Storm Harvey threat­ens Texas with ‘cat­a­strophic’ floods, one dead

Stabroek News Sunday - - WORLD NEWS -

ROCK­PORT, Texas (Reuters) - The most pow­er­ful storm to hit Texas in more than 50 years has killed at least one per­son and is now threat­en­ing cat­a­strophic flood­ing as search and res­cue teams de­ploy to the hard­est-hit zones, au­thor­i­ties said yes­ter­day.

Harvey slammed into Texas, the heart of the US oil and gas in­dus­try, late Fri­day as a Cat­e­gory 4 hurricane with winds of 130 miles per hour (209 km per hour), mak­ing it the strong­est storm to strike the state since 1961.

It ripped off roofs, snapped trees, and trig­gered tor­na­does and flash floods, while also cur­tail­ing a large por­tion of Amer­ica’s oil and fuel pro­duc­tion and prompt­ing price hikes at the pumps.

Harvey has since weak­ened to a trop­i­cal storm, but is ex­pected to lash Texas for days as it lum­bers in­land, bring­ing as much as 40 inches (102 cm) of rain and af­fect­ing heav­ily pop­u­lated ar­eas like Hous­ton.

One per­son died in a house fire in the town of Rock­port, 30 miles (48 km) north of the city of Cor­pus Christi, as Harvey roared ashore overnight, Mayor Charles Wax said in a news con­fer­ence yes­ter­day, mark­ing the first con­firmed fa­tal­ity from the storm. An­other dozen peo­ple in the area suf­fered in­juries like bro­ken bones, an­other of­fi­cial said.

The town took a di­rect hit from the storm and had streets flooded and strewn with power lines and de­bris yes­ter­day af­ter­noon. At a recre­ational ve­hi­cle sales lot, a dozen ve­hi­cles were flipped over and one had been blown into the mid­dle of the street. By yes­ter­day evening, a car­a­van of mil­i­tary ve­hi­cles had ar­rived in the Rock­port area with peo­ple and equip­ment to help in the re­cov­ery ef­forts, and town of­fi­cials an­nounced an overnight cur­few for res­i­dents.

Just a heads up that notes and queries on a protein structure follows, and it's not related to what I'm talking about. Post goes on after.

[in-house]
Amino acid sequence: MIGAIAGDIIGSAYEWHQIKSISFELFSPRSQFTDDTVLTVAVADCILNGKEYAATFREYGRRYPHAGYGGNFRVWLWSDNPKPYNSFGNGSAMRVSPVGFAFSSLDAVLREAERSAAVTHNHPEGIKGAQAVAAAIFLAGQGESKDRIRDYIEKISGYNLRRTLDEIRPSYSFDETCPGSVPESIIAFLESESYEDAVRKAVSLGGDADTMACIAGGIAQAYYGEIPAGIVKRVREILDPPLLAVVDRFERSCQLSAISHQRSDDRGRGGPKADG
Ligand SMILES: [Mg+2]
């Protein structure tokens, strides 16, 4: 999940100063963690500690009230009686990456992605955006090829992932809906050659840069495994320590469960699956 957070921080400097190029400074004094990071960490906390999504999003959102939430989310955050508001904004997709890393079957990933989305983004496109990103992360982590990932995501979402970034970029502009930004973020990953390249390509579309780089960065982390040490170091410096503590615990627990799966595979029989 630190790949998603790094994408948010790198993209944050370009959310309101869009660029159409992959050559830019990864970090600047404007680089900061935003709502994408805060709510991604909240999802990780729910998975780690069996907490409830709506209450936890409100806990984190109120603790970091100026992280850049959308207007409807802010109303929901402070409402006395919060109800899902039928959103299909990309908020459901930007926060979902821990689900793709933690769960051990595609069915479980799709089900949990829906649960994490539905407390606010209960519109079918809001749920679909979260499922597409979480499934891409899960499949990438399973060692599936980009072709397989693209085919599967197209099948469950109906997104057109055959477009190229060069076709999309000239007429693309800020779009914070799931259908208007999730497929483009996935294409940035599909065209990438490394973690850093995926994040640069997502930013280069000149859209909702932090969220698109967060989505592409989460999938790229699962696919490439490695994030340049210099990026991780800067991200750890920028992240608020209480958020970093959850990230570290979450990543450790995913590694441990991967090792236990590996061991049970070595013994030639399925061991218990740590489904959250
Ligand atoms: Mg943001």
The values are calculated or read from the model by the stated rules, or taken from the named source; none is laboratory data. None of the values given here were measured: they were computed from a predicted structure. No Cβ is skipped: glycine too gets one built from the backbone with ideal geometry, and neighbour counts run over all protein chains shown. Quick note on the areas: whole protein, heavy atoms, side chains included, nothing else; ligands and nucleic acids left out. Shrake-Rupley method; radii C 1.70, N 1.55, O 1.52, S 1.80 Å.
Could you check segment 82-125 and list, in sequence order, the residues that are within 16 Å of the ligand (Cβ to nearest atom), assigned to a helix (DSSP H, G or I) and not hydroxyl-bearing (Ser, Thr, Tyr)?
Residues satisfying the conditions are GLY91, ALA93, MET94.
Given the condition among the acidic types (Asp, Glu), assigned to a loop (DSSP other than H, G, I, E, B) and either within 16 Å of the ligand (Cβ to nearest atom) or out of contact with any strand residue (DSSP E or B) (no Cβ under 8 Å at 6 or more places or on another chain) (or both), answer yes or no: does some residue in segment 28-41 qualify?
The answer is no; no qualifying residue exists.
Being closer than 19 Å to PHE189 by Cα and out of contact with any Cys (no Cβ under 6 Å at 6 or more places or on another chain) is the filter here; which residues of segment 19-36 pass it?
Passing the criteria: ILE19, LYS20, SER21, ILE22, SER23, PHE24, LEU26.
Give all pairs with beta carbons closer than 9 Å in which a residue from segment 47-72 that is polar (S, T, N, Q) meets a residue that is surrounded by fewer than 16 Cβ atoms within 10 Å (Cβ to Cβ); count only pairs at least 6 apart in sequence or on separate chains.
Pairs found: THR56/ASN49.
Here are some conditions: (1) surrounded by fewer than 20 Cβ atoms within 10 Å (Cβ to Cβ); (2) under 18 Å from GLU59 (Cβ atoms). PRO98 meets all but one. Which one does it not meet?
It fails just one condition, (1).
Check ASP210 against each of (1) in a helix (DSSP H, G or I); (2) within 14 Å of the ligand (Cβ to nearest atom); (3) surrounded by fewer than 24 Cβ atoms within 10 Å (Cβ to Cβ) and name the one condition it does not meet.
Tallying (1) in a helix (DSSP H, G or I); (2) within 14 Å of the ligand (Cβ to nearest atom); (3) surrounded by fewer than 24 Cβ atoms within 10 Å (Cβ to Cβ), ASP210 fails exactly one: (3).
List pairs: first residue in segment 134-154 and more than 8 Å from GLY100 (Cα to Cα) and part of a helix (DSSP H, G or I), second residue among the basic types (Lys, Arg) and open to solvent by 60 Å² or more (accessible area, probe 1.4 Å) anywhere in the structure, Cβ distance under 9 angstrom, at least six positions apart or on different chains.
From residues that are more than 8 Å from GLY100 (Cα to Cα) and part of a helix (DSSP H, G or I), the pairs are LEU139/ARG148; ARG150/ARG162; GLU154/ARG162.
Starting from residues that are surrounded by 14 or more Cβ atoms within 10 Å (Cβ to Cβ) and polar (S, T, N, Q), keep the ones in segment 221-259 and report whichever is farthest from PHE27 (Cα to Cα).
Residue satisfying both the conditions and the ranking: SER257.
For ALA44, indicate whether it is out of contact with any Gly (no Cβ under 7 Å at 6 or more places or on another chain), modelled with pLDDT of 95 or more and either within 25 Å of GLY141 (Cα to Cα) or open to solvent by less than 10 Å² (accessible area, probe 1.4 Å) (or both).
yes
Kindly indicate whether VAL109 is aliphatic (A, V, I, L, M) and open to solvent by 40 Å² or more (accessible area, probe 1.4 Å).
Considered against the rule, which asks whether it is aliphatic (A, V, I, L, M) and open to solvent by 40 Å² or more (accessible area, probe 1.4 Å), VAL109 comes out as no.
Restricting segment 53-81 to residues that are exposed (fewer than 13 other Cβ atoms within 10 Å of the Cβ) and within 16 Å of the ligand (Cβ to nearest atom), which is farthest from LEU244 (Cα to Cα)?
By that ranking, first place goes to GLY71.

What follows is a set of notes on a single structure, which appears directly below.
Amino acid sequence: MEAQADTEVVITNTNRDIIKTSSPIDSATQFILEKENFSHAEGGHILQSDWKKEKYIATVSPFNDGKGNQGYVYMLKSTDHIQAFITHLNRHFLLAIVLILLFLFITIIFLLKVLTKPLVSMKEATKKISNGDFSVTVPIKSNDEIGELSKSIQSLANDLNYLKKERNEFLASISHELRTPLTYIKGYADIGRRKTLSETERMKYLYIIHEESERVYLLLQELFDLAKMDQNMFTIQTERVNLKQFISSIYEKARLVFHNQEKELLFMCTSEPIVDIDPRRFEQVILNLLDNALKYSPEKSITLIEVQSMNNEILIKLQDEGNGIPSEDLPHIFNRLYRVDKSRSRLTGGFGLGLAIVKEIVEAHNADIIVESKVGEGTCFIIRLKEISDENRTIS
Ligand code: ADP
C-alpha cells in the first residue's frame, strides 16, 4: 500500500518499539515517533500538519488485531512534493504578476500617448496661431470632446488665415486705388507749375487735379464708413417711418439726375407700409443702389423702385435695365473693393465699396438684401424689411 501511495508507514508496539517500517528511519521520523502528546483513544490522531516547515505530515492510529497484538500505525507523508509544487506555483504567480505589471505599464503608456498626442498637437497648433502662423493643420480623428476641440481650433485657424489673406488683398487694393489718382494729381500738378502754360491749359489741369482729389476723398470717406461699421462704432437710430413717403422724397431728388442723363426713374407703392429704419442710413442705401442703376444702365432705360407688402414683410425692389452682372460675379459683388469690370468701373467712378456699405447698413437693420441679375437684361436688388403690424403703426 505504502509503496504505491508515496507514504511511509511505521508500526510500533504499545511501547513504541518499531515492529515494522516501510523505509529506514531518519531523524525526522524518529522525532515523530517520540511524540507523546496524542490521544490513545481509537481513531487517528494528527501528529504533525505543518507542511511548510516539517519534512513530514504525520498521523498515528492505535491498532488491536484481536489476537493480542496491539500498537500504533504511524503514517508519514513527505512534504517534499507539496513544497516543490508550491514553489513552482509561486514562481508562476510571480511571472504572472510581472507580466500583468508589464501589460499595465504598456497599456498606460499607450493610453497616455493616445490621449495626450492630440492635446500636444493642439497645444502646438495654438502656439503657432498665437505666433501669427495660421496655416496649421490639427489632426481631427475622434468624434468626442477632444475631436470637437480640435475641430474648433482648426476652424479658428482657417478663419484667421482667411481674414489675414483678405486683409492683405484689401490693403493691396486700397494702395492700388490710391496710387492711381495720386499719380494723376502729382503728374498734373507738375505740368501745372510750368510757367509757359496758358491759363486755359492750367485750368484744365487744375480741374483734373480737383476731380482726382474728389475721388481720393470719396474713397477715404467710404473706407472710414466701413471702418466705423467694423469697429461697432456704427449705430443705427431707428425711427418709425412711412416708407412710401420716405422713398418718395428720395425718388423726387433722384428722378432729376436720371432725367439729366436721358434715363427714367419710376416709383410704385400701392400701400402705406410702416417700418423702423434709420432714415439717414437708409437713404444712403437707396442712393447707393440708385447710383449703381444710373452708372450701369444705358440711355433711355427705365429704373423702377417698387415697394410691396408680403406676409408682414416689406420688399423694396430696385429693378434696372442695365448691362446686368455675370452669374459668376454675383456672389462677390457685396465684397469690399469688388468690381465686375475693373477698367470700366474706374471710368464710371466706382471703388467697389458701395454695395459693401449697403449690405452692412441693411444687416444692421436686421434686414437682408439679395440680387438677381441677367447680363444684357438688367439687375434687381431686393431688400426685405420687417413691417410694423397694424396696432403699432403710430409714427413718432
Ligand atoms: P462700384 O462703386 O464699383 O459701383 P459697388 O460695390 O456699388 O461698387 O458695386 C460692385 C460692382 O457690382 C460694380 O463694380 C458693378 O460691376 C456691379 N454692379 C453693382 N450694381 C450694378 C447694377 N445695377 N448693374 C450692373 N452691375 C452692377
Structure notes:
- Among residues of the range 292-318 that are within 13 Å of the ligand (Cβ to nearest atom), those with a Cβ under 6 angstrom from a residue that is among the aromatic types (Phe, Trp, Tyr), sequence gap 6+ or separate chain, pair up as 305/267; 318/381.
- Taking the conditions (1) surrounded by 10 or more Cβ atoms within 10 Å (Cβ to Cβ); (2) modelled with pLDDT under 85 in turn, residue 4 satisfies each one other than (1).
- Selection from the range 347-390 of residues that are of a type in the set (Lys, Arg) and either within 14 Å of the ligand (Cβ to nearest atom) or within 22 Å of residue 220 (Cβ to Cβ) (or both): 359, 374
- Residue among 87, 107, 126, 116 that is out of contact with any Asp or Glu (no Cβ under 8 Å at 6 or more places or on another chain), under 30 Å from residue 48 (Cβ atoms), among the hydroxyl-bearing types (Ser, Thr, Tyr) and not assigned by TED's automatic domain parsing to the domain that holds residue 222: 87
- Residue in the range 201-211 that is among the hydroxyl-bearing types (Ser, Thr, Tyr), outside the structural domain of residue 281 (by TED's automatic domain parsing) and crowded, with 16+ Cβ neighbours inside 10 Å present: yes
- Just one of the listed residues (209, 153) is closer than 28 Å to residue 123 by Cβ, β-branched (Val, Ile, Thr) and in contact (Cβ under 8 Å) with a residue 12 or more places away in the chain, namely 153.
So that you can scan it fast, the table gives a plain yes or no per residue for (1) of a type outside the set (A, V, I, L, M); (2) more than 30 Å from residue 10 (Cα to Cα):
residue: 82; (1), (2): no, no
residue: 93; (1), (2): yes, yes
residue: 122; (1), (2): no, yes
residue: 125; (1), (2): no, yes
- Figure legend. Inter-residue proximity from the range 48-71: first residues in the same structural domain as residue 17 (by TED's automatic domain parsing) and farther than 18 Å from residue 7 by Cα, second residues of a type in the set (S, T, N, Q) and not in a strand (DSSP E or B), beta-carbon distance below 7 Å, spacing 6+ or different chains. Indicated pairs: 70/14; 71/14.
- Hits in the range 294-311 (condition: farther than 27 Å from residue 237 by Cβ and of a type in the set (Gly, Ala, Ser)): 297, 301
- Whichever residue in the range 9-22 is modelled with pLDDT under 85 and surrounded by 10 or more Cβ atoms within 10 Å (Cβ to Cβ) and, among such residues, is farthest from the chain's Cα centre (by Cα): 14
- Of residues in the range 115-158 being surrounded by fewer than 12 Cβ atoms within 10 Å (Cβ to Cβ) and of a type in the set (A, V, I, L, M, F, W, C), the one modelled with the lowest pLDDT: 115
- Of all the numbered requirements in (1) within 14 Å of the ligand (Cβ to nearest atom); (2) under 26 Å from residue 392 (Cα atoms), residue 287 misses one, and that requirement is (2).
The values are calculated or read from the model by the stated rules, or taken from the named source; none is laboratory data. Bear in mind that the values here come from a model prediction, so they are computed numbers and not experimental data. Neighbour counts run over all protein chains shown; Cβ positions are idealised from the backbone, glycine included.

“It was ter­ri­ble,” res­i­dent Joel Valdez, 57, told Reuters. The storm ripped part of the roof from his trailer home at around 4 am, he said as he sat in a Jeep with win­dows smashed by the storm. “I could feel the whole house move.”

Be­fore the storm hit, Rock­port’s mayor told any­one stay­ing be­hind to write their names on their arms for iden­ti­fi­ca­tion in case of death or injury. A high school, ho­tel, se­nior housing com­plex and other build­ings suf­fered struc­tural dam­age, ac­cord­ing to emer­gency of­fi­cials and lo­cal me­dia. Some were be­ing used as shel­ters.

Texas Gover­nor Greg Ab­bott on Saturday said he was ac­ti­vat­ing 1,800 mem­bers of the mil­i­tary to help with the statewide cleanup, while 1,000 peo­ple would con­duct search-and-res­cue op­er­a­tions.

The streets of Cor­pus Christi, which has around 320,000 res­i­dents, were de­serted yes­ter­day, with bill­boards twisted and strong winds still blow­ing. City au­thor­i­ties asked res­i­dents to re­duce use of toi­lets and faucets be­cause power out­ages left waste wa­ter plants un­able to treat sewage.

Else­where, the Texas Depart­ment of Crim­i­nal Jus­tice said it was forced to evac­u­ate some 4,500 in­mates from three state pris­ons near the Bra­zos River be­cause of ris­ing wa­ter. Texas util­ity com­pa­nies, mean­while, said 220,000 cus­tomers were with­out power.

The US Coast Guard said it had res­cued 15 peo­ple from dis­tressed ves­sels yes­ter­day, and was also mon­i­tor­ing two Carnival Corp cruise ships car­ry­ing thou­sands of peo­ple stranded in the US Gulf of Mex­ico due to the ef­fects of the storm.

Harvey was a Cat­e­gory 4 hurricane on the Saf­fir-Simp­son scale when it hit the coast, the sec­ond-high­est cat­e­gory, and the most pow­er­ful storm in over a decade to come ashore any­where in the main­land United States.

Cor­pus Christi af­ter Harvey made land­fall (OAAN)

Newspapers in English

Newspapers from Guyana

© PressReader. All rights reserved.